Dean summarizes his research on working parenthood by stating, “men (should) have the same incentives as women to combine employment and parental responsibilities” (2001:283). In 2005, the government announced the proposals of a plan to extend Paternity allowance as a manoeuvre in this direction. As Susan Smillie (2005) states in the Guardian, “fathers could receive up to three months’ statutory paternity pay if their partner returns to work after six months”, on top of the two weeks paid leave known as Statutory Paternity Leave. This is a move in the right direction from a father’s perspective. While this would suit many career-minded women who earn more than their partners do, many mothers would perhaps not be so willing to leave their four/five month old baby with their partner if this was a first child. It has been noted by Dean however, that further developments in maternity allowances could seek to disadvantage women in the workplace if they are not matched by paternity allowances for men, as “employers might otherwise become increasingly reluctant to engage women” (2001:282).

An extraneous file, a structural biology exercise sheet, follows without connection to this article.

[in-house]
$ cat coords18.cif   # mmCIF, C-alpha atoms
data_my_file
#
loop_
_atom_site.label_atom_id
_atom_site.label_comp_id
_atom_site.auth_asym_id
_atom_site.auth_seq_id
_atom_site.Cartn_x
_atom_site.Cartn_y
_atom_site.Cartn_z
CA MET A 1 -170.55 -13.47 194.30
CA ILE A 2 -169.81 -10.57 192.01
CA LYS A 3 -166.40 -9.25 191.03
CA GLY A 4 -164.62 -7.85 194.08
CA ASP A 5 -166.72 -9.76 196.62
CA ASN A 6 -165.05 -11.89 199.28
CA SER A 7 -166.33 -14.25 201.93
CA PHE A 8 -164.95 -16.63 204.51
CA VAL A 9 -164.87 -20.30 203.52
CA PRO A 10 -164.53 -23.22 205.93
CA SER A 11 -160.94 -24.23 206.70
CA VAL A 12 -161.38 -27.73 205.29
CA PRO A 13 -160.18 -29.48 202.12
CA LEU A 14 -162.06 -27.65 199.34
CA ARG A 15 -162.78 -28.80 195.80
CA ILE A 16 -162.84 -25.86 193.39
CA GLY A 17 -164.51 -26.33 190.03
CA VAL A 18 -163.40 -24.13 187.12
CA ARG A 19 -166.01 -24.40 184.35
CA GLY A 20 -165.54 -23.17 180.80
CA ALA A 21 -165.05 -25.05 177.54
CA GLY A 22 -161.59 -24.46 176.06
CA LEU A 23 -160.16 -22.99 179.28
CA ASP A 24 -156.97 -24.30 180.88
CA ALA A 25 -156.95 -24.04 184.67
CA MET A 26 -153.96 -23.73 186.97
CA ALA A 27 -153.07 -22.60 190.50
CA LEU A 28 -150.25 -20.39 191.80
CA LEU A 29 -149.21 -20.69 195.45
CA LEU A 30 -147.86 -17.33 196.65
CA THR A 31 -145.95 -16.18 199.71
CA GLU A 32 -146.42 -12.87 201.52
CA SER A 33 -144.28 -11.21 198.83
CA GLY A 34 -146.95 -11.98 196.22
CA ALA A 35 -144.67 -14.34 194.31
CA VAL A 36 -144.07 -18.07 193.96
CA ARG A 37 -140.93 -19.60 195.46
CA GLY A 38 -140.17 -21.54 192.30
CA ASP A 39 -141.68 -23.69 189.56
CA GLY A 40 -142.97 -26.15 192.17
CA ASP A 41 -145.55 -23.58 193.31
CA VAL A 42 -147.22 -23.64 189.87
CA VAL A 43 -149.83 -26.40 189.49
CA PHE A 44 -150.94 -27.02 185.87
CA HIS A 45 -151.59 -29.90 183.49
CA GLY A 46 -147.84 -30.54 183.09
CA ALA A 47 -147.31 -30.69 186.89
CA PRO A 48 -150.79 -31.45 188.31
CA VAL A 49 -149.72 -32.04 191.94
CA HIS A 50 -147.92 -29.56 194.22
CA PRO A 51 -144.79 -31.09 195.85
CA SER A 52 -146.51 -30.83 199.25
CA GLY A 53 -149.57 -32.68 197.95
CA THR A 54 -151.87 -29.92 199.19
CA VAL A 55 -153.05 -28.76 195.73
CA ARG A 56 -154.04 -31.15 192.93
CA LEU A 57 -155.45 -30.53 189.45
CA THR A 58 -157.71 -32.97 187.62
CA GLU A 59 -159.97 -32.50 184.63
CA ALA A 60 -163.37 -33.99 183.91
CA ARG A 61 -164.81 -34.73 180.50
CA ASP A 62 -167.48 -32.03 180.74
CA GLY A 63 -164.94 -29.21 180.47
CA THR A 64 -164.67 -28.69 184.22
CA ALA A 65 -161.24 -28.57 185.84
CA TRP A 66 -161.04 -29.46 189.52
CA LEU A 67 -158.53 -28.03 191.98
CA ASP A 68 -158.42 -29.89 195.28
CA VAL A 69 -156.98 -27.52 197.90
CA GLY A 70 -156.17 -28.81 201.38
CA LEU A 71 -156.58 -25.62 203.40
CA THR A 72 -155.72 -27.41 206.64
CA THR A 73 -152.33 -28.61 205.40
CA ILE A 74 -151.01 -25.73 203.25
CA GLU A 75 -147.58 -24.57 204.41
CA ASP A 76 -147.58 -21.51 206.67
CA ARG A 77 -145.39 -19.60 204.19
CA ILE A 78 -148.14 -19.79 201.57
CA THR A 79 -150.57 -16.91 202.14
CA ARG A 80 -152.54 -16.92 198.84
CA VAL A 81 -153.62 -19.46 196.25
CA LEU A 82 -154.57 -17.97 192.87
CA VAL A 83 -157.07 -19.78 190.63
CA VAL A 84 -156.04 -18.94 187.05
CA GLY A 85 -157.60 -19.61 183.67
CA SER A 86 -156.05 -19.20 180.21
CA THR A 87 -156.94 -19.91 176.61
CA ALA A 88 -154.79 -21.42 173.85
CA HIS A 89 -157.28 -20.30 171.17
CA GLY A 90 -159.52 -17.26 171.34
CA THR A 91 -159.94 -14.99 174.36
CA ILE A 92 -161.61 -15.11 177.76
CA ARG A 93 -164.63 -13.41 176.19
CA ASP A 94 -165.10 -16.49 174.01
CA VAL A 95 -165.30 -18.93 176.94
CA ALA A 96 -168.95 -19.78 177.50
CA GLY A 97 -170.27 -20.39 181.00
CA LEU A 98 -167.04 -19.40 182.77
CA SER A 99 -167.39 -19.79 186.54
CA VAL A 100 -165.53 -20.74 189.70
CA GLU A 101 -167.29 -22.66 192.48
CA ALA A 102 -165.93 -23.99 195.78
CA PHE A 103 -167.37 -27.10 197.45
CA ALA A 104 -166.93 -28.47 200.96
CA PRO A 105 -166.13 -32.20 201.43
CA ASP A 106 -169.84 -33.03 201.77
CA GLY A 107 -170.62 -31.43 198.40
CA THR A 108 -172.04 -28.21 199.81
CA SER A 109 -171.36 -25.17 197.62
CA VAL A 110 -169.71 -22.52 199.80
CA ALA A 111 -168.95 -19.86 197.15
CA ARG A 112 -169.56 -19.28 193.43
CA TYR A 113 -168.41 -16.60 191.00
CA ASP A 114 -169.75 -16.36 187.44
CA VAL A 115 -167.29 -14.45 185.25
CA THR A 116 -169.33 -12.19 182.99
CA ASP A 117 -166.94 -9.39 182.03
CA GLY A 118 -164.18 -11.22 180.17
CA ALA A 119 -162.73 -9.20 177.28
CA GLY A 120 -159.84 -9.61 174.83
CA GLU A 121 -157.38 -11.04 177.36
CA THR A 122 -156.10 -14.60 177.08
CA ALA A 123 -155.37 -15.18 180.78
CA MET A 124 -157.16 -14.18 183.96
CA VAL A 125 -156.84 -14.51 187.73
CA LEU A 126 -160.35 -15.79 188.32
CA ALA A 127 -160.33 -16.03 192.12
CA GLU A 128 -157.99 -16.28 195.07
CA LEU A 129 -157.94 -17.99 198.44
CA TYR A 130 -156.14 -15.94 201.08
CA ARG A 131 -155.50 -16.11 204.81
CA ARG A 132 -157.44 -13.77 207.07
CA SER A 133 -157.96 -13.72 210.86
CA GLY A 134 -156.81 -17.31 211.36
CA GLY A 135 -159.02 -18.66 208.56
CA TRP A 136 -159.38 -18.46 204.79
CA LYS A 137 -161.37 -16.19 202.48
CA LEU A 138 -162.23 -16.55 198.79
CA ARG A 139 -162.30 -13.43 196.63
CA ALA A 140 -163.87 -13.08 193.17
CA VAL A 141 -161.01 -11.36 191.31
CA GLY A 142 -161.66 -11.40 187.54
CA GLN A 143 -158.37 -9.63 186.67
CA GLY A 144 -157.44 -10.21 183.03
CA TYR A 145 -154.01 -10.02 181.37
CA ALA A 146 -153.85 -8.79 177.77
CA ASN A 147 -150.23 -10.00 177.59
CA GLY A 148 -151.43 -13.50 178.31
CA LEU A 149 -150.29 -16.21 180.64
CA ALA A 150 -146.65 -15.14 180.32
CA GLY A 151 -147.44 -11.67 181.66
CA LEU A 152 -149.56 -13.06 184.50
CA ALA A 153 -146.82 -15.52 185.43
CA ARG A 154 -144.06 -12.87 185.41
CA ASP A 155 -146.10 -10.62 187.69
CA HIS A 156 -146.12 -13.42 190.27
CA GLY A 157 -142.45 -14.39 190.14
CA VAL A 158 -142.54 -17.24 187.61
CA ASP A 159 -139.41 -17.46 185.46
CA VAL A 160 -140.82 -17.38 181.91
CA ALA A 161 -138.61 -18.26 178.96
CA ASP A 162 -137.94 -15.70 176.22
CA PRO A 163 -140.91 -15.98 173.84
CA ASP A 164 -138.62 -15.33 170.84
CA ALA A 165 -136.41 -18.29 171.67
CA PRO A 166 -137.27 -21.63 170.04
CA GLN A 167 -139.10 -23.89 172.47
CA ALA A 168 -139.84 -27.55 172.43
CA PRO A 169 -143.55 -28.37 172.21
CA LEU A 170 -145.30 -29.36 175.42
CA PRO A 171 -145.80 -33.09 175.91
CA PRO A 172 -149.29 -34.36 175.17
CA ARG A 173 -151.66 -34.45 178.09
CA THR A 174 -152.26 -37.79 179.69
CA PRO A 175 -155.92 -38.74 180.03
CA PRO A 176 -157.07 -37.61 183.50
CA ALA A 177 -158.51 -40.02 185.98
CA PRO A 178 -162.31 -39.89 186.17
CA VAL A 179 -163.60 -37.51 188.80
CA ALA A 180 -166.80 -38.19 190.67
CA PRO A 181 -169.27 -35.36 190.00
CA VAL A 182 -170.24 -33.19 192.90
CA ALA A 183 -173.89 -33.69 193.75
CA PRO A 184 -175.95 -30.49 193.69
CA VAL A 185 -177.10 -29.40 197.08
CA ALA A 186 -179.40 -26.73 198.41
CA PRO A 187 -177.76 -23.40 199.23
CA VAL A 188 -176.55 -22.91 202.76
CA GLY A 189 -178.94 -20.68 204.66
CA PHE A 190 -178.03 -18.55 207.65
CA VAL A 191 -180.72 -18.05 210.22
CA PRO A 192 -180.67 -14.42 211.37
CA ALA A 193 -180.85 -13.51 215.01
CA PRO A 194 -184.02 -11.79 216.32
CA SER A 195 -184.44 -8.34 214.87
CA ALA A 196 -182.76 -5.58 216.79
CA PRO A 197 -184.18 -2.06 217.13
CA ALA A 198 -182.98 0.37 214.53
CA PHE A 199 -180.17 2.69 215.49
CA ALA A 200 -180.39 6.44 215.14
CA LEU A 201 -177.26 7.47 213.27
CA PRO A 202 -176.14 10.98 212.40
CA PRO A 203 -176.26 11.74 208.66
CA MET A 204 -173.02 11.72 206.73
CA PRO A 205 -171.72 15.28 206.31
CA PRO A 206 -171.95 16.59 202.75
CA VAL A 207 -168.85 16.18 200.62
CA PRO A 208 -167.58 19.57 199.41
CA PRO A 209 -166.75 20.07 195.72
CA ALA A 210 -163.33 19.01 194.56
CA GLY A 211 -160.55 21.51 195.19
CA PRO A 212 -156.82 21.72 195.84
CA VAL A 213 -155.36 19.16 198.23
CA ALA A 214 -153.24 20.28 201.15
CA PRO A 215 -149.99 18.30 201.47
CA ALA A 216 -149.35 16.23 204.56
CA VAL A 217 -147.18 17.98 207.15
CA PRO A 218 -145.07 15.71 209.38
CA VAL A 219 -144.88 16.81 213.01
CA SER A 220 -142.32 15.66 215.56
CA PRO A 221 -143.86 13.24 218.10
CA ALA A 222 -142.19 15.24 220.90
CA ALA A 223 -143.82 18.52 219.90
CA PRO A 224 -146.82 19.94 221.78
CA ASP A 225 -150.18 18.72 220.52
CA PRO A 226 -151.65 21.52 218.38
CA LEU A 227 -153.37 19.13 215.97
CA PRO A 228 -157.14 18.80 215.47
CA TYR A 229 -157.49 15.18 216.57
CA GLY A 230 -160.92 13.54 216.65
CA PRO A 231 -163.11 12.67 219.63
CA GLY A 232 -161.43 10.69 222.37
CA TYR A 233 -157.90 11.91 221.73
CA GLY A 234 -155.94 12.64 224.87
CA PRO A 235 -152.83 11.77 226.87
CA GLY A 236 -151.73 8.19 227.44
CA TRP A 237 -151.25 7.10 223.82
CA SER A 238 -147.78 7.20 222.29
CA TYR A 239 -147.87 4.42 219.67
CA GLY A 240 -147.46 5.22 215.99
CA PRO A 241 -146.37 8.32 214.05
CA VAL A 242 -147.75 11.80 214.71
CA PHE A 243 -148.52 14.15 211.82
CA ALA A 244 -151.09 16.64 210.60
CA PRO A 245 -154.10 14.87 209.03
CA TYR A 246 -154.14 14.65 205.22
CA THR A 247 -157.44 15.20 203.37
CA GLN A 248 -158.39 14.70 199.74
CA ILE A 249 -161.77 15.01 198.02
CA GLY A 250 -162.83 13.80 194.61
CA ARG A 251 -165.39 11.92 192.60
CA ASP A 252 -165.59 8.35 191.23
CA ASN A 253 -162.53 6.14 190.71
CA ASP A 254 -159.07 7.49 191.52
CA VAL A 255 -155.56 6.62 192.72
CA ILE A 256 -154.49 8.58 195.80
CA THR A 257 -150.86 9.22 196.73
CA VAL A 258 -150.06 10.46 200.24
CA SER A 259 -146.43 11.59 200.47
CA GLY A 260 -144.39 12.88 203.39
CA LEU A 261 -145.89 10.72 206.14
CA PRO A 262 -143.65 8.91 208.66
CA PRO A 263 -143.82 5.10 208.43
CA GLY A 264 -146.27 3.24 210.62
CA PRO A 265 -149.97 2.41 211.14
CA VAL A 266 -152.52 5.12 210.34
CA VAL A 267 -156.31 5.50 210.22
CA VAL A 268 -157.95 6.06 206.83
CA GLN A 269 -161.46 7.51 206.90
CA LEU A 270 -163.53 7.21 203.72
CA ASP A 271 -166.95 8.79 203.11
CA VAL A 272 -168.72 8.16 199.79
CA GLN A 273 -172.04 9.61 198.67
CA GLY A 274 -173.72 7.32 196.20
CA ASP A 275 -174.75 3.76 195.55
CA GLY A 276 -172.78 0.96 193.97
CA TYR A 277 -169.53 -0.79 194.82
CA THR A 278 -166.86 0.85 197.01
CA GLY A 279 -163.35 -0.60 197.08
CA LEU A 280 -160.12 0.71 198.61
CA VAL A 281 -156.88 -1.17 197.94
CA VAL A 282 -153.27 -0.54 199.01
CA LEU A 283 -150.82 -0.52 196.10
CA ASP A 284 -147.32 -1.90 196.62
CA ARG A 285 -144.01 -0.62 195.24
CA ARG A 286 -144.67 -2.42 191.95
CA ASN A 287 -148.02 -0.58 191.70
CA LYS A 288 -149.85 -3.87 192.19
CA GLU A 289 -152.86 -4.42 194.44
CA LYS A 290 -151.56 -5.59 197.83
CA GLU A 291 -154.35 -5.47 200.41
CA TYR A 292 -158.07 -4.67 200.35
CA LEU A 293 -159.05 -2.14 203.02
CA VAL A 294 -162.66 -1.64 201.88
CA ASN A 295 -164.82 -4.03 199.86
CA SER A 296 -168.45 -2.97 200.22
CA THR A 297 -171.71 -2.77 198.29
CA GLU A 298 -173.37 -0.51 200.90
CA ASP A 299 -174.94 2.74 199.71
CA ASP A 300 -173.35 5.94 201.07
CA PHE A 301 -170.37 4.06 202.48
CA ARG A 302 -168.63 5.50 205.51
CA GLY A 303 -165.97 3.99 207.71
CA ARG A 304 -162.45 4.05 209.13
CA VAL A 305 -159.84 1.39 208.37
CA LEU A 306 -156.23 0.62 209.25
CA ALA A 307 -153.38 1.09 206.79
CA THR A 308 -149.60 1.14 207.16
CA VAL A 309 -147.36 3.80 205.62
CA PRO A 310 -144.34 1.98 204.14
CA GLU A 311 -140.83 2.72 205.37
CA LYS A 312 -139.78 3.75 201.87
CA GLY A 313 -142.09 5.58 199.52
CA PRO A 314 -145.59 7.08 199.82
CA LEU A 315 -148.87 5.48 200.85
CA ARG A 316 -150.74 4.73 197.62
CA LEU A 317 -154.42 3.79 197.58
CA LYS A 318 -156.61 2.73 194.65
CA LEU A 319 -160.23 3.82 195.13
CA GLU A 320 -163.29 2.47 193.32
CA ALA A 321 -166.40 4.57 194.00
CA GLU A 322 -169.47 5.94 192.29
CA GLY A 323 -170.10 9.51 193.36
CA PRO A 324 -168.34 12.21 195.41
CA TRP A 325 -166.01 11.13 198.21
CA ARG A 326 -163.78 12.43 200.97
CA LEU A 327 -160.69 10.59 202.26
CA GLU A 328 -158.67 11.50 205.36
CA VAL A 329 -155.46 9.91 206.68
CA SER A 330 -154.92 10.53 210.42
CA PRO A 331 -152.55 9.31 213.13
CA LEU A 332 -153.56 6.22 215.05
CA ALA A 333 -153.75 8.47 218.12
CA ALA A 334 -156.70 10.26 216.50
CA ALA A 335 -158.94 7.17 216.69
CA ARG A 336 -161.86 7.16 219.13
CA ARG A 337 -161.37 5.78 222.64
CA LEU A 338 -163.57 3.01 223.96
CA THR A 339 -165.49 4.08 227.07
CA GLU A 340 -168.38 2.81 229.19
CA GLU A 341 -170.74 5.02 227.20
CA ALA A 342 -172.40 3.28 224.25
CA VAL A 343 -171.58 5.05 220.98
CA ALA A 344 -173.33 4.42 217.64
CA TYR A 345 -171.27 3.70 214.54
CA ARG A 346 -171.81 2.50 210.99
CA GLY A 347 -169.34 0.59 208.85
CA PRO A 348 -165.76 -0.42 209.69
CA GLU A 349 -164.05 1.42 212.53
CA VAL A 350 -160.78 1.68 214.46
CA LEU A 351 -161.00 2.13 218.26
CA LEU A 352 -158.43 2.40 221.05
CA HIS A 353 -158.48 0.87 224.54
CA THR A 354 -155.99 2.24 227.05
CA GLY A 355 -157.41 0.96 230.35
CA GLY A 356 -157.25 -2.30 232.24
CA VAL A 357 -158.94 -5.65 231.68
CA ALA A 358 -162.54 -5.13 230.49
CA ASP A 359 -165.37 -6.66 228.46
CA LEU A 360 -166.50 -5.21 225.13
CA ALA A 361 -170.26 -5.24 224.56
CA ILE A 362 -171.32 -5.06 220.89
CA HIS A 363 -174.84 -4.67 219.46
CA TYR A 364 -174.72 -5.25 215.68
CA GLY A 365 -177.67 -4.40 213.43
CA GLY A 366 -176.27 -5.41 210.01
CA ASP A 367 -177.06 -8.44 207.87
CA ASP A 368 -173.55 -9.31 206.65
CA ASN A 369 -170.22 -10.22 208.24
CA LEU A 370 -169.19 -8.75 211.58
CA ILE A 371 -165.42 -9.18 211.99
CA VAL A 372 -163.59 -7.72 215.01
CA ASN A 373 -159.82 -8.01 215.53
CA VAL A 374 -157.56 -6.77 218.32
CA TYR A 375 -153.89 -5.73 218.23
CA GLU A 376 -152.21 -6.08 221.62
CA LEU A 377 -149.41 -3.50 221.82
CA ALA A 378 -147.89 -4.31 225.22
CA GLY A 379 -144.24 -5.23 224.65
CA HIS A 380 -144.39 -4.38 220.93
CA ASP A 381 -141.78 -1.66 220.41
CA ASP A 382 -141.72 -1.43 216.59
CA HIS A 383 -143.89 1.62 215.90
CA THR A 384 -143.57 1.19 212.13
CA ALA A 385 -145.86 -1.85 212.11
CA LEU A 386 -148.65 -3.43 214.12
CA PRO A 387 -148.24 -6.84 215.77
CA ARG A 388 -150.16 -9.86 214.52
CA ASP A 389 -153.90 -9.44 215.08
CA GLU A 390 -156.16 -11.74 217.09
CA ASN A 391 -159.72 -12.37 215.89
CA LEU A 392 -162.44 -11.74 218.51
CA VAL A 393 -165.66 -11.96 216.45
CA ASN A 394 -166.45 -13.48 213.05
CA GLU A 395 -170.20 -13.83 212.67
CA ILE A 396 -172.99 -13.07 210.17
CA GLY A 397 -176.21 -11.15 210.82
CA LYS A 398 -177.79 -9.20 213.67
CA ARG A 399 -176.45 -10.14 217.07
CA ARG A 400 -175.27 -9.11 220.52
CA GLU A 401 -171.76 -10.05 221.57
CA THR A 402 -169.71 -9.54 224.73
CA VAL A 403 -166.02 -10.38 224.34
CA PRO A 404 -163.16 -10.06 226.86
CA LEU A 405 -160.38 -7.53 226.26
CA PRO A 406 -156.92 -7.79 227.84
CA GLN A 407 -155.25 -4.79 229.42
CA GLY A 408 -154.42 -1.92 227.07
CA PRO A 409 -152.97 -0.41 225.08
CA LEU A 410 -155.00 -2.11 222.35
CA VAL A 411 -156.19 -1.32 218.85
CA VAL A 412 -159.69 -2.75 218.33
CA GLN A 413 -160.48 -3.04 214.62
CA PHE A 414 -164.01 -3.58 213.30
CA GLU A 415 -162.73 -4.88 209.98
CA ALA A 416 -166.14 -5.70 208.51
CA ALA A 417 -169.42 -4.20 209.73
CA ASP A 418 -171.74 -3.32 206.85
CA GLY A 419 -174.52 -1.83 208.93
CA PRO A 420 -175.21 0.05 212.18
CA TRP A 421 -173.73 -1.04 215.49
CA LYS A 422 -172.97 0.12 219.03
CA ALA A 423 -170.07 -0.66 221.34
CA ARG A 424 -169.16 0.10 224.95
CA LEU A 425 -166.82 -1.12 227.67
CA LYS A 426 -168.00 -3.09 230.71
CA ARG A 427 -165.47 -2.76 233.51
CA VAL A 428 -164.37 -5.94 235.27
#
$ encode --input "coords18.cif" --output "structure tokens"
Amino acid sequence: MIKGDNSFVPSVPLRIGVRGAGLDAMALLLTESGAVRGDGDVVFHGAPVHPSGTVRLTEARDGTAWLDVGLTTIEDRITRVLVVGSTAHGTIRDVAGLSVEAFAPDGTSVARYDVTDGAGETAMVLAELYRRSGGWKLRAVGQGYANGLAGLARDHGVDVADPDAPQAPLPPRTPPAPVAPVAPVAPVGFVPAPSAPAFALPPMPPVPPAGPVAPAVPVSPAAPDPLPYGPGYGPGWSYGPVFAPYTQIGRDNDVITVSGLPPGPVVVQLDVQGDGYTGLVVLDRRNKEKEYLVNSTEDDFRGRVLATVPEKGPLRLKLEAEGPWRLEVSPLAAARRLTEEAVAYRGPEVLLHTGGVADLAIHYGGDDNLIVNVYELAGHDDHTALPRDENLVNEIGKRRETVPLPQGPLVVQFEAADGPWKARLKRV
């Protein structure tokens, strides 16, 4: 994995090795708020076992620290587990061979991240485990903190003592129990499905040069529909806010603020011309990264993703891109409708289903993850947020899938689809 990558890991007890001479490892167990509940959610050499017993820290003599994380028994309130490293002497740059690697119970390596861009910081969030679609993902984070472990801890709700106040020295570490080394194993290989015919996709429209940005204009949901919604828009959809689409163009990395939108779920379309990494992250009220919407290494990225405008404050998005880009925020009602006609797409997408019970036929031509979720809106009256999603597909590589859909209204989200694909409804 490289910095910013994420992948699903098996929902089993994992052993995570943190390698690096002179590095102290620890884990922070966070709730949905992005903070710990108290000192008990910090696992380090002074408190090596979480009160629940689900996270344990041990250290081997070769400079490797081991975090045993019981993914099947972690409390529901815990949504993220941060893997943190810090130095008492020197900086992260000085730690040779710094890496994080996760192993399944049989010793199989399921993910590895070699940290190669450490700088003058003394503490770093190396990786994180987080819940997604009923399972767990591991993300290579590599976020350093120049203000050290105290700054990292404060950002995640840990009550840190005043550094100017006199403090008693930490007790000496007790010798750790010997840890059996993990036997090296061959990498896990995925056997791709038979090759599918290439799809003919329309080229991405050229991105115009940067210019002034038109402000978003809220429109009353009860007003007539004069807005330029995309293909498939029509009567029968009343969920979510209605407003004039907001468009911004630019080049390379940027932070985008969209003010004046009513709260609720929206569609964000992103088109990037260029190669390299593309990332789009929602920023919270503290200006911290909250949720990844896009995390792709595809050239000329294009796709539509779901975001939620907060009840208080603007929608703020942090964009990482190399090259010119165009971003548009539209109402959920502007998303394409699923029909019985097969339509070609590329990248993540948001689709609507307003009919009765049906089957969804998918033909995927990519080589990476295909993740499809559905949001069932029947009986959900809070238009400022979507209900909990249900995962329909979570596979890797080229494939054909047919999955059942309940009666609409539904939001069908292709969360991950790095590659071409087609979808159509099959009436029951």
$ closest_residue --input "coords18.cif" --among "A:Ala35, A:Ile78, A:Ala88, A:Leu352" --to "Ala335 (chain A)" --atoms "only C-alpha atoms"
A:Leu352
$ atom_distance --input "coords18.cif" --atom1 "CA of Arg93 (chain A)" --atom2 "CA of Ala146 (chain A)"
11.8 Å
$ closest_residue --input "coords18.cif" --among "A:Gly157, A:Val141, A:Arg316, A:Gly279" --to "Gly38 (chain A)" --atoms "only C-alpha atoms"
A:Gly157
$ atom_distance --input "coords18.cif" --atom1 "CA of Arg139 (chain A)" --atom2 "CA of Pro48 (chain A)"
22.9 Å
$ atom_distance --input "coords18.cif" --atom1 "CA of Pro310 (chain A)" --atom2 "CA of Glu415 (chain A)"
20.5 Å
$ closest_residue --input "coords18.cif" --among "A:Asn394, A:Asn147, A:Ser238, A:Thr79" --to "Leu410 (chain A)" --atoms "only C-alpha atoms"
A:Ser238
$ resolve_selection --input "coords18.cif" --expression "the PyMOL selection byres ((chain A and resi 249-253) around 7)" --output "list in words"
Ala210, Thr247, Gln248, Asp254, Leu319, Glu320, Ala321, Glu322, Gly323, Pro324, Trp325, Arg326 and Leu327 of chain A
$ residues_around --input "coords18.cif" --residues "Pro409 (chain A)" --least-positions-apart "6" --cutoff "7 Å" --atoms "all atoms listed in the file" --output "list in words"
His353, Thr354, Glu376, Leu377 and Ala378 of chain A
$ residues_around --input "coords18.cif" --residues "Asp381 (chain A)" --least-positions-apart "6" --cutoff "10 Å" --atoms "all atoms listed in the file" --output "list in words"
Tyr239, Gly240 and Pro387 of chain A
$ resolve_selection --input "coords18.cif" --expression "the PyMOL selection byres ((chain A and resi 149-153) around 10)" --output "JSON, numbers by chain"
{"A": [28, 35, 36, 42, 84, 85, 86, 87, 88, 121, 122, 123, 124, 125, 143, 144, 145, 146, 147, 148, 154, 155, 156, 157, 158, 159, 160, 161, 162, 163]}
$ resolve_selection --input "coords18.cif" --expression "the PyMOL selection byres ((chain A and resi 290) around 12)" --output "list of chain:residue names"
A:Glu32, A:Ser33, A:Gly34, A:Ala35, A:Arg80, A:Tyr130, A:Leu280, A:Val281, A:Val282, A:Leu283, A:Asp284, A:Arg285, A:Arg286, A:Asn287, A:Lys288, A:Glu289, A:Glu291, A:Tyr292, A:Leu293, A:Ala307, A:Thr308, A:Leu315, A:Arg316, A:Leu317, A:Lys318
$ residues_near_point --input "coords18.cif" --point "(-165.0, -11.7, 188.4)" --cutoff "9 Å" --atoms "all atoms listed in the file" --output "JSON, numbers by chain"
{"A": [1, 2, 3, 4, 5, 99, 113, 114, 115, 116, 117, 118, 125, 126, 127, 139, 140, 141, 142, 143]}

The Child Support Act (1991) is another major legislation that has affected families and their wellbeing. This legislation affects fathers and mothers, however it is the child(ren) at the centre. The aim of the Child Support Act is to recover ‘maintenance’ from the father, which is then paid to the mother. The Family Law Reform Act (1987) and The Children’s Act (1989) make a clear link between “a father’s obligation to make a financial contribution for his children’s care and his right to have contact with them” (Burghes, Clarke and Cronin, 1997). However, as Bagilhole points out, where the Child Support Agency retrieved money from “absentee fathers…it did not benefit many lone mothers and their children because if they were dependent on benefits the child support they received was deducted pound for pound from income support” (1997:124).